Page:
The 80s coup had a devastating effect on Liberians and then the settler’s 130-year rule combined. The immigrants are on record for economically marginalizing Liberians. Aside from that, they did not kill indigenous Liberians in their mass. They did not destroy Liberia’s physical infrastructure. They did not at any time drive masses of indigenous Liberians into exile, destroy their properties, or seize their wealth.

The coup later accumulated into civil wars of reprisal that took the lives of over 150.000 Liberians, something still fresh on the minds of indigenous and settlers’ descendant Liberians, which made the publication of this, book untimely. The author defines Liberty as a weapon of division, discrimination, and segregation that deprives indigenous of the would-be Liberty, which is contrary to what Liberty truly means.

The book cannot be called a history book. It is more of an indigenous propaganda book intended to put indigenous and Americo-Liberians at loggerheads. The author   discredited past histories and termed them as “propaganda material.” On the contrary, the author’s book will encourage division, segregation, discrimination, and disunity among Liberians at home and abroad. The book could spark a new ethnic, sectarian war between Americo-Liberians and indigenous Liberians.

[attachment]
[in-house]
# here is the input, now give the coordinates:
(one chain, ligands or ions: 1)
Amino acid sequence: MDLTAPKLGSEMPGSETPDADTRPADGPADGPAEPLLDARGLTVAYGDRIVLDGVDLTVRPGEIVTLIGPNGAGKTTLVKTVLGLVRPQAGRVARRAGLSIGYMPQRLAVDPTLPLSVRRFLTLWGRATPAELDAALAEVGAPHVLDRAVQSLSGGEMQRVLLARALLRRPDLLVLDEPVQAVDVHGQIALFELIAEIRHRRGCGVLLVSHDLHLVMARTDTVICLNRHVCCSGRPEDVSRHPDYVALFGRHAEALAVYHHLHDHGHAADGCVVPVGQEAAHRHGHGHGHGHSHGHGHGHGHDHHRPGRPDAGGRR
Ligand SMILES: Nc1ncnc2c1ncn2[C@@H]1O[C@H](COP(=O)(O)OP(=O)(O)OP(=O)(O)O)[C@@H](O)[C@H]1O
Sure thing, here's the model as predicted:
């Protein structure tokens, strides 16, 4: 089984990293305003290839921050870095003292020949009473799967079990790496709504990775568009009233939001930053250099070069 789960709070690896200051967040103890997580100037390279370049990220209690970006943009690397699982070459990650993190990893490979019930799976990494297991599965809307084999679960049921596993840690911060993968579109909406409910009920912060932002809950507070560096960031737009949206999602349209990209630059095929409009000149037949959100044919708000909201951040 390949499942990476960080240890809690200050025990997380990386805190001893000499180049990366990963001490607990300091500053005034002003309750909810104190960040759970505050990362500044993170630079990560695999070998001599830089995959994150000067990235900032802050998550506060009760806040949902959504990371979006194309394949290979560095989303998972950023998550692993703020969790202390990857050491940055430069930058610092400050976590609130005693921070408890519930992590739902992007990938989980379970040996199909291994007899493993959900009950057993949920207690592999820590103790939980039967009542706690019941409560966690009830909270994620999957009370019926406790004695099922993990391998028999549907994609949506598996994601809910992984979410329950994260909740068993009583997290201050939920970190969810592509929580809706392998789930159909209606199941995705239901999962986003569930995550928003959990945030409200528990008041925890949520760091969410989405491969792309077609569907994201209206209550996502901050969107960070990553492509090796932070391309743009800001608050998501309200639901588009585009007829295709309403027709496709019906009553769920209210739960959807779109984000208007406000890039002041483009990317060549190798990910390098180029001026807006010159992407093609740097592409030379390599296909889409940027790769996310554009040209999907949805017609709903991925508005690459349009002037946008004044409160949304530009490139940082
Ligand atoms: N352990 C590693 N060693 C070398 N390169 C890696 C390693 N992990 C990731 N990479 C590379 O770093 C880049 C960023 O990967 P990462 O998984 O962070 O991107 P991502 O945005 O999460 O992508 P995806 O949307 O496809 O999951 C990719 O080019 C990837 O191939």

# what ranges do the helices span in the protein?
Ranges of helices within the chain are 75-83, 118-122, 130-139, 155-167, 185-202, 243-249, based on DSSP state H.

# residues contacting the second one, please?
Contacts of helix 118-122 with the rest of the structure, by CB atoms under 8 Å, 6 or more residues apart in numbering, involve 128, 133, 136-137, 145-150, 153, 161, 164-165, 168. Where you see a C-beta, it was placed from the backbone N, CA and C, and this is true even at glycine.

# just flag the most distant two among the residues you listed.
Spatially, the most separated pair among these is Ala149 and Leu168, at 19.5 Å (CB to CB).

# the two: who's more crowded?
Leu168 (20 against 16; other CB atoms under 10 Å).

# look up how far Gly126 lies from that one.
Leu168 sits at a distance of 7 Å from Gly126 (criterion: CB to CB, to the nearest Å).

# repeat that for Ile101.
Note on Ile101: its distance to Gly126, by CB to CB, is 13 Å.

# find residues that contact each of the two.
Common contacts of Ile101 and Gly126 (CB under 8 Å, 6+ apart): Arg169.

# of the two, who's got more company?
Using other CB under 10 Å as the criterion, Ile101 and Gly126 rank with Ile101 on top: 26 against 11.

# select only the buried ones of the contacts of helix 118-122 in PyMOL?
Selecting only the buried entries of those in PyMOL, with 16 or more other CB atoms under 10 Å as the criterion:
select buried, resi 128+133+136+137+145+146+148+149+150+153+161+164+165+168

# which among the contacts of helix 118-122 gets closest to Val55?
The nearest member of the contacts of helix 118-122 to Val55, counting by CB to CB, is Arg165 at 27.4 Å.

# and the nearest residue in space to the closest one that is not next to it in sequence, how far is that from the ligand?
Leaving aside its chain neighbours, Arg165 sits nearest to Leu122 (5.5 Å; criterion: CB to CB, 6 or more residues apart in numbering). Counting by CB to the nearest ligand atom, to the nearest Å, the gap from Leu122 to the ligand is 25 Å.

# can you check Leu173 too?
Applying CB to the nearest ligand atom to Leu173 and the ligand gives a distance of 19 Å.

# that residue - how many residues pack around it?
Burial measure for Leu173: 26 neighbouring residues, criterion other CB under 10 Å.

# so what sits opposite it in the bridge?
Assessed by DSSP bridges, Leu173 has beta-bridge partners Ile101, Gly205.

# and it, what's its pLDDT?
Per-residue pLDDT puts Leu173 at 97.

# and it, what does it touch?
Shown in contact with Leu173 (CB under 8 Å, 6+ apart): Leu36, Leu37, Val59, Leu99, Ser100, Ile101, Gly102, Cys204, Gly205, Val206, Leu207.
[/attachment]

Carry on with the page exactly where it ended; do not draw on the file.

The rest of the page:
The book is a mere propaganda tool intended to open new wounds in Liberia that would definitively put indigenous against sellers (Americo-Liberian). In the case of “Liberty hijacked” being taught as a curriculum in schools in Liberia, the book will indoctrinate and poison the minds of indigenous children against settlers’ (Americo-Liberian) children, which will not be healthy.

The book would no doubt breed additional hatred, bitterness, division, and high feelings between and among young Liberians, potentially leading to another revenge war in classrooms among natives and settlers’ descendants across Young Liberians. It will morally corrupt the minds of young Liberians across Liberia. The book should be banned o in Liberia.